The Nutritional Impacts of Quality Protein Maize in Ethiopia

Photo credit: D. Friesen/CIMMYT.

Improved crop varieties have the potential to increase children’s nutrient intake and encourage growth. However, farming households do not always adopt new varieties and, even when they do, children do not always consume adequate amounts of protein. In Ethiopia, researchers are evaluating how encouraging households to grow a more nutritious maize variety and encouraging them to earmark the crop for children affects production, consumption, and childhood nutrition.

Policy Issue 

Globally, stunting (or low height for age) among children is the most prevalent form of undernutrition, and is associated with higher child mortality, poorer motor and cognitive development, health issues lasting into adulthood, and lower educational attainment and economic productivity. According to World Bank estimates, a one percent loss in adult height due to childhood stunting is associated with a 1.4 percent loss in economic productivity. 

Recent evidence has shown that protein intake is essential for biological processes that encourage growth. Multi-sectoral approaches to reduce undernutrition, such as nutrition sensitive agriculture, could be effective in addressing the underlying determinants of malnutrition, such as inadequate protein intake.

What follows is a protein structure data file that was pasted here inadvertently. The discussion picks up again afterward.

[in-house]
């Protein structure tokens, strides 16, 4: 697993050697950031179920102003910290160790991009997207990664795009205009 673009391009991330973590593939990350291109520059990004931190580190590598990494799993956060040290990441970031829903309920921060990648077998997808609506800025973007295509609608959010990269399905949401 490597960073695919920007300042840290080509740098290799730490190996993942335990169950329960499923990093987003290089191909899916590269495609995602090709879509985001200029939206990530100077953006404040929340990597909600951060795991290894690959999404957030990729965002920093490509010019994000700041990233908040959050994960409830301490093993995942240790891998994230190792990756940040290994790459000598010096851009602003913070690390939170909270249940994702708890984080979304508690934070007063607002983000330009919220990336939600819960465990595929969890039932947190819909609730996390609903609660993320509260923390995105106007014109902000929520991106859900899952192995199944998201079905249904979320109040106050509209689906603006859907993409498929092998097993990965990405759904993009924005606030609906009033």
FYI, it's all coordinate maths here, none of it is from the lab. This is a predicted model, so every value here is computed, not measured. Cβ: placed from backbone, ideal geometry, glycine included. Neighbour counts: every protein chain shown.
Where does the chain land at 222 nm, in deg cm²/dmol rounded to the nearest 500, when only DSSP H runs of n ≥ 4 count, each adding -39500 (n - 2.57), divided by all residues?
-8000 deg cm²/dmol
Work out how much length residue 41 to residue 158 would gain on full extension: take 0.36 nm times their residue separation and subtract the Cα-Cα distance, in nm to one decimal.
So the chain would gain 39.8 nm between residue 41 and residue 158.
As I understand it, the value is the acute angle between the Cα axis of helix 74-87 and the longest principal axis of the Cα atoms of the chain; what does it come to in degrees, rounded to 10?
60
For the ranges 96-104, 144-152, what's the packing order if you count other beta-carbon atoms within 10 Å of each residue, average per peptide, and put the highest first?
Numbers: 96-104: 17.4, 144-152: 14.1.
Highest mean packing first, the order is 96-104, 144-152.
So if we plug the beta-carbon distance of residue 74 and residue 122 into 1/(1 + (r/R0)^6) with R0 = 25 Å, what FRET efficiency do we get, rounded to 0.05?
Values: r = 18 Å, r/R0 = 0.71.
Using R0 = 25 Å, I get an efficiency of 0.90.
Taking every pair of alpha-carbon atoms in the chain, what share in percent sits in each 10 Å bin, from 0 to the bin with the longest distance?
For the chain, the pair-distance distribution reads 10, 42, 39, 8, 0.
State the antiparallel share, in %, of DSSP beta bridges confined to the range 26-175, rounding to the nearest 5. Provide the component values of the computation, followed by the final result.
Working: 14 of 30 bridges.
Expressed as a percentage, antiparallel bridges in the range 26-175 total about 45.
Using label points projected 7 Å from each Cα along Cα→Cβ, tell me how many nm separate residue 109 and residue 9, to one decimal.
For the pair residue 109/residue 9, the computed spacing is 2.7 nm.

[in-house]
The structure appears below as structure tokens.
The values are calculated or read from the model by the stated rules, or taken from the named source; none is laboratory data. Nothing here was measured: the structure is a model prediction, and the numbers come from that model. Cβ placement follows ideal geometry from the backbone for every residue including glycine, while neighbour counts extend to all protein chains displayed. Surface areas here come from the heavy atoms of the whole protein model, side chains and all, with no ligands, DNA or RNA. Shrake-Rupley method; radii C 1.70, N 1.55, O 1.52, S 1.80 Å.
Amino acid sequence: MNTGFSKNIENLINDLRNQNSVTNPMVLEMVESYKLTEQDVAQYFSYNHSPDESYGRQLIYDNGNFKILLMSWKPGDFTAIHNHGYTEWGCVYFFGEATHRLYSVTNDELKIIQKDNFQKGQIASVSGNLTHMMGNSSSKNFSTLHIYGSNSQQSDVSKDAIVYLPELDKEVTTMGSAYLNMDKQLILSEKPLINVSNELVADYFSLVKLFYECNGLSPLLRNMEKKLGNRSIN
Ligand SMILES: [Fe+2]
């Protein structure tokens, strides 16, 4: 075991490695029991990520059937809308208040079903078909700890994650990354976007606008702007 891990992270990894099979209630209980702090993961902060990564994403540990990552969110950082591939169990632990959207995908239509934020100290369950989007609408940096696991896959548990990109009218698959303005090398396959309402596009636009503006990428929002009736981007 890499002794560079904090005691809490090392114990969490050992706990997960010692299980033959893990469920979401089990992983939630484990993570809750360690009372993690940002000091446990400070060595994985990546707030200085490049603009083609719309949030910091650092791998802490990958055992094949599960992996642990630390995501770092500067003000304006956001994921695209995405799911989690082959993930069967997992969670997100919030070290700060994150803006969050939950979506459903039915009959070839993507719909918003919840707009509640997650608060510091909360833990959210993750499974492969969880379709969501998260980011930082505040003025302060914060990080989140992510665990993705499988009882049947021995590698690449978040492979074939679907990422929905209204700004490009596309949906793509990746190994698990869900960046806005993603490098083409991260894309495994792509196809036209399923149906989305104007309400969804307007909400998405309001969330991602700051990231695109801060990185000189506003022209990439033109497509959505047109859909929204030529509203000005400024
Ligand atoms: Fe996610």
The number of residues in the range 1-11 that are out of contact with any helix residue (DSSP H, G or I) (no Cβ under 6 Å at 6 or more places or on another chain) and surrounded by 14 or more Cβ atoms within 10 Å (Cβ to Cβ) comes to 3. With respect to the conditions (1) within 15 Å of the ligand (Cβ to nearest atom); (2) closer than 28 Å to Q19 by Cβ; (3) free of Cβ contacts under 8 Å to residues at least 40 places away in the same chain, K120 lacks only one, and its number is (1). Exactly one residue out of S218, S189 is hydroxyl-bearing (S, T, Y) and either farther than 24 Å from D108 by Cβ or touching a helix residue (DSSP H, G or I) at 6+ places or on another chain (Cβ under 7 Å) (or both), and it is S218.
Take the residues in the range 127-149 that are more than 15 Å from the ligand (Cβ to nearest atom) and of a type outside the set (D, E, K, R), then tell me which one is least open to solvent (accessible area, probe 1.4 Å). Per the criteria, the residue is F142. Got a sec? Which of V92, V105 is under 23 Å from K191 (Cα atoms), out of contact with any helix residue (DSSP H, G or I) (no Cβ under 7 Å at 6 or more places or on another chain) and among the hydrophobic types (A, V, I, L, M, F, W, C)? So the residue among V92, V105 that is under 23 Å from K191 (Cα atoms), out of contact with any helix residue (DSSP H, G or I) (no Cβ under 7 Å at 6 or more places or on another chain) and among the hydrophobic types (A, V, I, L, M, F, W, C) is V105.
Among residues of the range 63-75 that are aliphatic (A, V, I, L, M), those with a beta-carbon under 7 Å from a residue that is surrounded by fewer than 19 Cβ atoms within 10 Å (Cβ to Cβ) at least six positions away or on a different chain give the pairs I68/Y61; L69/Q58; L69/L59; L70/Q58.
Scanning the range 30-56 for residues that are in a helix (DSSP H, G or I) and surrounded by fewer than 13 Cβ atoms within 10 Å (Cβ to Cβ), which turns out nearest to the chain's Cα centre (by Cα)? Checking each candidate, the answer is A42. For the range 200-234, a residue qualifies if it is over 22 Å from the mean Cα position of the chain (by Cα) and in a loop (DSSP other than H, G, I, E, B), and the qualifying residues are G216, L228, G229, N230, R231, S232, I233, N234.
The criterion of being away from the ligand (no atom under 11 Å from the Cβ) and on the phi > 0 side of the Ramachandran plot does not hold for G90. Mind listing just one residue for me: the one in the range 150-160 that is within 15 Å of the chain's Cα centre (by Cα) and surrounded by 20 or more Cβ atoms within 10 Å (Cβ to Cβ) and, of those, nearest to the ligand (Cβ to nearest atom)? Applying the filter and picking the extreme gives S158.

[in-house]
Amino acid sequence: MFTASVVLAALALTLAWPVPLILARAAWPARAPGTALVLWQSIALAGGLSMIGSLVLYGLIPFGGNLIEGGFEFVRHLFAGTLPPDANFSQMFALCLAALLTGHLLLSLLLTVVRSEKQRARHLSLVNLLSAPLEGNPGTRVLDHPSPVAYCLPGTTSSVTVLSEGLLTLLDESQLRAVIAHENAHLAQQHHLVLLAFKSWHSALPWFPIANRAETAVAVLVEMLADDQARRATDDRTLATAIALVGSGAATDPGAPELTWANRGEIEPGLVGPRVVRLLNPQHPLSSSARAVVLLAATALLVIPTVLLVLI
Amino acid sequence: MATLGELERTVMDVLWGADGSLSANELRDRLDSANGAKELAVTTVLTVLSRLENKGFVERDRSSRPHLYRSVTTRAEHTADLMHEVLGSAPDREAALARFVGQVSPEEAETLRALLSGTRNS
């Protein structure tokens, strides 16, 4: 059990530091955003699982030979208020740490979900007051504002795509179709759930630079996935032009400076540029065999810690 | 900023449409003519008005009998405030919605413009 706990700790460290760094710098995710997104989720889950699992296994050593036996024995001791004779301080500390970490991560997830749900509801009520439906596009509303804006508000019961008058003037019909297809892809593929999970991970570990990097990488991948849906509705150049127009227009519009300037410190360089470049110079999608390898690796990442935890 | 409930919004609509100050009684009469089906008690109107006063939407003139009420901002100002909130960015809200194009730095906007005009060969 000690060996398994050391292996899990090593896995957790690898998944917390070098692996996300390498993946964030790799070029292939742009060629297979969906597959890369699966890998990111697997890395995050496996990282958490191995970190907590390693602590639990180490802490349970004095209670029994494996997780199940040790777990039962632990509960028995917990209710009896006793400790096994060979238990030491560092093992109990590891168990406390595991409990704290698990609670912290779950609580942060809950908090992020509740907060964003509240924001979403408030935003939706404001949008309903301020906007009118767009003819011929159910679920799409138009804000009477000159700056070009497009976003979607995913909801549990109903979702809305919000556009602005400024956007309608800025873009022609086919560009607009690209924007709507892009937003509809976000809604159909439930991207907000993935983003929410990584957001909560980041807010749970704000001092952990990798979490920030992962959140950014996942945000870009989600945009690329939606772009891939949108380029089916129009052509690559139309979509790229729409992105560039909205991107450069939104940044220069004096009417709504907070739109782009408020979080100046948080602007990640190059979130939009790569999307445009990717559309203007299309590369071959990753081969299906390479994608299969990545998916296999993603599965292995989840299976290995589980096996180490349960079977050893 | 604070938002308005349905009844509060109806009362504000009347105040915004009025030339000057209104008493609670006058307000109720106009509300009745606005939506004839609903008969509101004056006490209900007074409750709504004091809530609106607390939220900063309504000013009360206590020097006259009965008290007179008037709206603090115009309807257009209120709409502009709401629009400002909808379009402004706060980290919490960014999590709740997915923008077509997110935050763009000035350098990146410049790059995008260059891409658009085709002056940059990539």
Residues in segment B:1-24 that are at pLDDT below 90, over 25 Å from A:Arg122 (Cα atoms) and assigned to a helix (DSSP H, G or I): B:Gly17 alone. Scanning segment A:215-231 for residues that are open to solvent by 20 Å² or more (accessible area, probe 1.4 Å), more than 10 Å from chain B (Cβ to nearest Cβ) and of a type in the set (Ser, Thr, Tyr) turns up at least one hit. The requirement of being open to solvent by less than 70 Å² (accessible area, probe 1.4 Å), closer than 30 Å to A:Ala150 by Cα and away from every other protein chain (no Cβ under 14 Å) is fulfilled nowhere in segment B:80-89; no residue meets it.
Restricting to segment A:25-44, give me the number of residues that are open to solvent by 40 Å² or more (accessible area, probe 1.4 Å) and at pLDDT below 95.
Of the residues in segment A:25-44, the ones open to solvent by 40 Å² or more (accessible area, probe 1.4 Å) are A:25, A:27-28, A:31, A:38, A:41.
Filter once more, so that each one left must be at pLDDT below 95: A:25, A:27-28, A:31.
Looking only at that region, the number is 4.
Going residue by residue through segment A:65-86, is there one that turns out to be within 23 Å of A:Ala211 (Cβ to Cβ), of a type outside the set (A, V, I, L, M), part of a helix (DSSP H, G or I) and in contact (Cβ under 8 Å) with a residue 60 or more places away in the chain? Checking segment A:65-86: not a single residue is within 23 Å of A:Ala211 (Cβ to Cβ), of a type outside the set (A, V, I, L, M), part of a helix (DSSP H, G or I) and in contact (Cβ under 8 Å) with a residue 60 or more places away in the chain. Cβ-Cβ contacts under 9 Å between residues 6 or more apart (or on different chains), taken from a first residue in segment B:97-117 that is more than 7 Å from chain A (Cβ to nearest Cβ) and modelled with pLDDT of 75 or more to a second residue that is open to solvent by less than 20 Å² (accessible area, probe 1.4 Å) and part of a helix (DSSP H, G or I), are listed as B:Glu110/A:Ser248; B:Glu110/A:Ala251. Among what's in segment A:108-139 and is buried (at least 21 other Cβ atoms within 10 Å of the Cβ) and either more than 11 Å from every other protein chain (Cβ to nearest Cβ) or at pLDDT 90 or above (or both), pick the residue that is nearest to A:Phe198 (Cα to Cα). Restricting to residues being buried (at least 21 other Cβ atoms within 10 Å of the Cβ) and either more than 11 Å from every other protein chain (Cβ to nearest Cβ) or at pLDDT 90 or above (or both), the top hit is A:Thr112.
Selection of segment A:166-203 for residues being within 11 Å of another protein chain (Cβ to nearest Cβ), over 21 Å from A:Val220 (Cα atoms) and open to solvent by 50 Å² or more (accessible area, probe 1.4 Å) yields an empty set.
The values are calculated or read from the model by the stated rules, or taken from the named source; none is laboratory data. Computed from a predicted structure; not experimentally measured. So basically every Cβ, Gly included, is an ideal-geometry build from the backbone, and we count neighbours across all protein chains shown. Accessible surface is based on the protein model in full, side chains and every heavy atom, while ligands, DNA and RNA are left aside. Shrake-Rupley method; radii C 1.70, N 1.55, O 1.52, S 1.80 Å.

Several efforts have been made to improve the protein content of staple foods, such as maize, through plant breeding efforts. These new protein rich varieties of maize, produced through plant breeding, are collectively referred to as “Quality Protein Maize” (QPM). Previous research in lab settings has shown that replacing conventional maize with QPM has led to improved growth among children. However, questions remain on QPM’s effectiveness in improving children’s nutritional outcomes in a natural setting.

Context of the Evaluation 

Stunting and malnutrition are prevalent among children in Ethiopia and 40 percent of all children under the age of 5 are stunted.  Not only can malnutrition affect a child’s own ability to grow, learn, and ultimately succeed, it can also take a toll on the larger economy. National estimates suggest that poor child nutrition comes at a cost of $4.7 billion per year, equivalent to 16.5 percent of Ethiopia’s GDP. Dietary quantity and quality are also poor among infants and young children in Ethiopia. Less than half of all children aged 6–23 months receive the minimum recommended number of meals and only 5 percent consume a sufficiently diversified diet. Diets of both children and adults in Ethiopia are heavily dependent on cereals and, in the last 20 years, maize has become a dominant food source. However, conventional maize is poor in protein content, necessitating a better source of protein in children’s diets. 

 The Nutritious Maize for Ethiopia (NuME) Project develops, promotes, and disseminates a biofortified Quality Protein Maize (QPM) as an alternative to traditional varieties. NuME is a collaboration of the International Maize and Wheat Improvement Center (CIMMYT) with the Ethiopian Institute of Agricultural Research (EIAR), Sasakawa Global 2000, the Ethiopian Public Health Institute (EPHI), and other national and international partners.